Coverage for payment of dividends at the current level of low quantum of dividends is adequate but if the dividends go up by four times, which in all fairness should, then the coverage will come down to about 25%, which is low.

On this parameter the company’s performance is not satisfactory.

B.Market Condition:


I. Price to Earnings Ratio:

PE Ratio is 11.27, well below the recommended 15 but marginally above our threshold of 10.

The market condition as far is this parameter is concerned is favorable.

II. Price to Book Value per Share:

After deducting intangible assets from net worth, the adjusted the price to book ratio still stands well above the recommended maximum of 1.5, at 3.08.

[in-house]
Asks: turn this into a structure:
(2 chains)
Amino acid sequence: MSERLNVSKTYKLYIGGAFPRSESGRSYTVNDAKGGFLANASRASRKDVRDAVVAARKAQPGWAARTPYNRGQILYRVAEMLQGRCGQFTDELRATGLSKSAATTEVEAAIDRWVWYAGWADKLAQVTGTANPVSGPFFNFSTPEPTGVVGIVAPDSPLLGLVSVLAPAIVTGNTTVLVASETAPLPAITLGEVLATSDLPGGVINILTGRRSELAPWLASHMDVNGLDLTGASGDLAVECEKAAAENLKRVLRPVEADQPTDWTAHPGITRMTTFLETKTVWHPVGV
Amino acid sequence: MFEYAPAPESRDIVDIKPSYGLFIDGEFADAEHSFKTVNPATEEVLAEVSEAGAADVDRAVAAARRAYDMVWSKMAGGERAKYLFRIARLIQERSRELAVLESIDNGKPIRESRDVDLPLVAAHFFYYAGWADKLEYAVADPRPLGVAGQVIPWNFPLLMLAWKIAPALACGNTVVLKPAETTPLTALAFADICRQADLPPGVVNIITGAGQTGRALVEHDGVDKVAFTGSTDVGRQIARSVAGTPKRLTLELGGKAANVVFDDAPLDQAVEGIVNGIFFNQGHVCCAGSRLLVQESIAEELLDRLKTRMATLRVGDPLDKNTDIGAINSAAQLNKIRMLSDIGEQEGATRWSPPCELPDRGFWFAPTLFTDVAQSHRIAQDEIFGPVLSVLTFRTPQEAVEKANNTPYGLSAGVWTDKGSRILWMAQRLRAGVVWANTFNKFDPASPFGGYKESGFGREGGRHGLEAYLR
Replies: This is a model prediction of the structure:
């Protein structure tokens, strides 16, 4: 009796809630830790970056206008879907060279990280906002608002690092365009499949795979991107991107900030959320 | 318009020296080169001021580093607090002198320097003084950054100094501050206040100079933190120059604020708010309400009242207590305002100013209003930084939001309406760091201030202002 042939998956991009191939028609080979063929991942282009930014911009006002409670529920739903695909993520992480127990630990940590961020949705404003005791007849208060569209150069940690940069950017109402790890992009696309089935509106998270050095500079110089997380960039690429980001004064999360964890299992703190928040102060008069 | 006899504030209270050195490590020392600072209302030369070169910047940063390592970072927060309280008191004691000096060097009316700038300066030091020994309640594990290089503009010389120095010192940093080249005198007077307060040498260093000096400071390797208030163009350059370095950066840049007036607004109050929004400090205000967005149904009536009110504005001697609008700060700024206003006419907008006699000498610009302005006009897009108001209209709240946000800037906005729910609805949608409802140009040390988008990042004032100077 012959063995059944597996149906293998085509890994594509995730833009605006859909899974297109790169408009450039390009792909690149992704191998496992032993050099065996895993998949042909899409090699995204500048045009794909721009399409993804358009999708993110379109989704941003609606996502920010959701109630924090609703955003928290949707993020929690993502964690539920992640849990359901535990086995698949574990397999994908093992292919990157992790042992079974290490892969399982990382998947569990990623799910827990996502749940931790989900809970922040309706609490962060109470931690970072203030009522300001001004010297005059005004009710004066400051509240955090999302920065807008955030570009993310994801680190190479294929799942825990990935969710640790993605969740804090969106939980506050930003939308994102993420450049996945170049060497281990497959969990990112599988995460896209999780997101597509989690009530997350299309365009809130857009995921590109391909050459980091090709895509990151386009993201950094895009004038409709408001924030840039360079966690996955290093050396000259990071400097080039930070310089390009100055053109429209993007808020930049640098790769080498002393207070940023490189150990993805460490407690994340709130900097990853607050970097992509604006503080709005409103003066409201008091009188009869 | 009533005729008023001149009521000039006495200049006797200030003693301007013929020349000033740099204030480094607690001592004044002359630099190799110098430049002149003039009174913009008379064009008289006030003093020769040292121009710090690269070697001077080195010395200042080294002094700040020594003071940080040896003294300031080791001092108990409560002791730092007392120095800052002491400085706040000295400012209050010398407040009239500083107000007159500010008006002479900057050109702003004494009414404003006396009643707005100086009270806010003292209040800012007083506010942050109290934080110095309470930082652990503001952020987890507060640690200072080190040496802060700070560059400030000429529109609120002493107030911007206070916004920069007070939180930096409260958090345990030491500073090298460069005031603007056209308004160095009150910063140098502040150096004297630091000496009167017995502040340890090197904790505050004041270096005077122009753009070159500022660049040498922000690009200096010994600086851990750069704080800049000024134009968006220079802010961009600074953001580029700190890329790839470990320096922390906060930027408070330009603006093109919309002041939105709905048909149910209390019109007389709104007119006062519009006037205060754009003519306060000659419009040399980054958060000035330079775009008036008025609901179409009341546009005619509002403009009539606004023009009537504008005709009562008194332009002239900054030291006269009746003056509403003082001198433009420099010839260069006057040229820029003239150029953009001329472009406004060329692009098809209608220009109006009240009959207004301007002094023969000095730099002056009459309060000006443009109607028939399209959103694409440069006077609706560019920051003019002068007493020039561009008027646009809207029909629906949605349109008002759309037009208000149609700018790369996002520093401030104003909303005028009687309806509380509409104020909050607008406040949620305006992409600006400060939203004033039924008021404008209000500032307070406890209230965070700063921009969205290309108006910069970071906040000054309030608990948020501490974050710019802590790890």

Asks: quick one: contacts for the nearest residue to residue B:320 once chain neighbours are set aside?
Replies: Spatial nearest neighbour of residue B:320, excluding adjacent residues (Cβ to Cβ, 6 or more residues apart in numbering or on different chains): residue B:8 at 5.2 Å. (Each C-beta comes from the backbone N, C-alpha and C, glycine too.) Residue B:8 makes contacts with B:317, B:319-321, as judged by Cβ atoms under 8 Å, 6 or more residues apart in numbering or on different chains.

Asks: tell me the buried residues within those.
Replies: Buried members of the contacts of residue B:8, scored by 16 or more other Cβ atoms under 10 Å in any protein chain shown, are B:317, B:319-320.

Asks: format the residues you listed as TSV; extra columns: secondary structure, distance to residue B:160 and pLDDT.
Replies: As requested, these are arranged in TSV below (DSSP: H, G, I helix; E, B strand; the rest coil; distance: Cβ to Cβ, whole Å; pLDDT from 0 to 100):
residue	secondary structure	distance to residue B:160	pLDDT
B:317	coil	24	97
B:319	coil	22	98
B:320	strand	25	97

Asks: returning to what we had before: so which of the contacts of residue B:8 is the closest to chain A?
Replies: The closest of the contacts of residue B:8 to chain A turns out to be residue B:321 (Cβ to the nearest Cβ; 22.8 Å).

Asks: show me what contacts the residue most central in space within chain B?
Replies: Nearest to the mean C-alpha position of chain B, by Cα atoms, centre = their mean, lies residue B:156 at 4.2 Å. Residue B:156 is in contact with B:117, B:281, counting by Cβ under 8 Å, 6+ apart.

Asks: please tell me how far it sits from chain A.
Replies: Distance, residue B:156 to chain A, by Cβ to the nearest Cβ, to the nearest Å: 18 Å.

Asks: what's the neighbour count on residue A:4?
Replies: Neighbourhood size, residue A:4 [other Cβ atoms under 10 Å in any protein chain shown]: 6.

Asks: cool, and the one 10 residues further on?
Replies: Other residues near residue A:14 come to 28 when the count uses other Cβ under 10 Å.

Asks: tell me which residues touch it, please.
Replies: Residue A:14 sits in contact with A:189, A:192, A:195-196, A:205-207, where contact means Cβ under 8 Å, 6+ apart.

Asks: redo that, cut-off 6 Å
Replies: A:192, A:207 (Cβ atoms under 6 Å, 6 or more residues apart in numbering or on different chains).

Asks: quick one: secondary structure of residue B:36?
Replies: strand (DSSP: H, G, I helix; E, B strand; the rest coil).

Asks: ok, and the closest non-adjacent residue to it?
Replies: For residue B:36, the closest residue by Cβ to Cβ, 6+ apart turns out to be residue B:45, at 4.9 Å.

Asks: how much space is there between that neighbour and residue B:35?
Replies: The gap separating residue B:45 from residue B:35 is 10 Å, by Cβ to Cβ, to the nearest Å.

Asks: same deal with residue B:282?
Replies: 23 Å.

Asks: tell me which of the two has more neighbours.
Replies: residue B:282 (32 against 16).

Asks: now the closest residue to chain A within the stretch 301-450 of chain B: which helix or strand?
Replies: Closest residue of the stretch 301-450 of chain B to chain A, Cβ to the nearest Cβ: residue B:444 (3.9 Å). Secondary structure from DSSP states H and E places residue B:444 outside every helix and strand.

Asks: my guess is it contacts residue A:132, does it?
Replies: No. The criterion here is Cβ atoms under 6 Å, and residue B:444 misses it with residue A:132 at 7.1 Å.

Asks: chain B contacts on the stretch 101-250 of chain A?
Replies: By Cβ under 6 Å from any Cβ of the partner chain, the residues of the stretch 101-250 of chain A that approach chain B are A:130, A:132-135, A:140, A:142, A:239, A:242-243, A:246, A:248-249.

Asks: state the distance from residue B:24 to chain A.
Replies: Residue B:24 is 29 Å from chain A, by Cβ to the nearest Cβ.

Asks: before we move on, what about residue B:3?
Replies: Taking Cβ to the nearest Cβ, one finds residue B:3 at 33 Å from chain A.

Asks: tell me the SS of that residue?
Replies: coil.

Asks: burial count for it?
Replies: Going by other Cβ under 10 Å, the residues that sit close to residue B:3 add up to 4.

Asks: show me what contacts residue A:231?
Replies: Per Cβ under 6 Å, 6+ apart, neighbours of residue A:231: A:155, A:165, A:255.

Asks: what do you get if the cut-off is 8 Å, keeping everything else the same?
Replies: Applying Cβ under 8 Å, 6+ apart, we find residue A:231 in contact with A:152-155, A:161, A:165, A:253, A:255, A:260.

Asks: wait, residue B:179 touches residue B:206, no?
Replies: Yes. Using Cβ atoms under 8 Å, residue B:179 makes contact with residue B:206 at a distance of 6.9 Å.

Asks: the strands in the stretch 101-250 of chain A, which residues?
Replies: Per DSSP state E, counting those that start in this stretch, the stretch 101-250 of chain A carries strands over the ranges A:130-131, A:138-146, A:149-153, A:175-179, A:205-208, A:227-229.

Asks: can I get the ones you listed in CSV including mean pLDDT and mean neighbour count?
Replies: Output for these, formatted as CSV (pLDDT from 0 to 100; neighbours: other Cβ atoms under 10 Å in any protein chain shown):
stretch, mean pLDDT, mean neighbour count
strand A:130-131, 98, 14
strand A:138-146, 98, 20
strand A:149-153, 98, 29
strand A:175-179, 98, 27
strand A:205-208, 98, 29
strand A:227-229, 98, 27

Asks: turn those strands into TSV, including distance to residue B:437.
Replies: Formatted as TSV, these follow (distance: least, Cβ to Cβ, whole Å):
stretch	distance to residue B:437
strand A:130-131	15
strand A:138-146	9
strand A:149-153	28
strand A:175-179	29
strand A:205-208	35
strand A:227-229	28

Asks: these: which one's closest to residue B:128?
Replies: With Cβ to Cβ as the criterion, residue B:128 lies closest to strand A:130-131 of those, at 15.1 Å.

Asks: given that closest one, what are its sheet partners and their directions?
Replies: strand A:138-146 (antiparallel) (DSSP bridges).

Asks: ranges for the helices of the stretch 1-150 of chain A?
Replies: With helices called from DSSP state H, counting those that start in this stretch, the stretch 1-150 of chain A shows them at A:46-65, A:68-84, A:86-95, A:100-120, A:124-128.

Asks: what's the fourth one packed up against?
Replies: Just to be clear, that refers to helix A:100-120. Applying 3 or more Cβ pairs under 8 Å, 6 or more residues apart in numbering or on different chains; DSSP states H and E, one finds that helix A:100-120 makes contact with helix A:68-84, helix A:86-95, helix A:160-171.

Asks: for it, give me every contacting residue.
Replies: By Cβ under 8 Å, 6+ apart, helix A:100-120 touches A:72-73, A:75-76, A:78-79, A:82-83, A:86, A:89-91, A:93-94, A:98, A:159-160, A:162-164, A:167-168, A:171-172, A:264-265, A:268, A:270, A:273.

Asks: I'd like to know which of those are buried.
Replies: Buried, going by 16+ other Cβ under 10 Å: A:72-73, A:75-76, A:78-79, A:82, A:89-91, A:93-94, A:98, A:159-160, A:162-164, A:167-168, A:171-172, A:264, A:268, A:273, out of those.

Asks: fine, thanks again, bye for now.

On this parameter the market condition is not favorable.


III. Dividend Yield:

Reliance’s dividend yield is a poor 0.97% while NMDC Ltd. pays handsome dividends.

On this parameter the market condition is highly un-favorable. Actually it is not the market condition but the frugal dividends paid by the company that needs to be blamed.

IV. Distance from 52 week high:

The 52-week low for this share is Rs.75.15. and the distance to 52-weel high is 11.48%. After the recent gain in the share price of 11.02% in the last quarter and the CMP standing at 103.30, the share today is available at +37.45% from the 52-week low. However on 15th January 2016 the CMP was Rs.89.10 and the 52-week low was Rs.123.05. At that level the price was trading at a discount 27.59%.

The market condition as far is this parameter is concerned is not favorable.

V. Five year Return: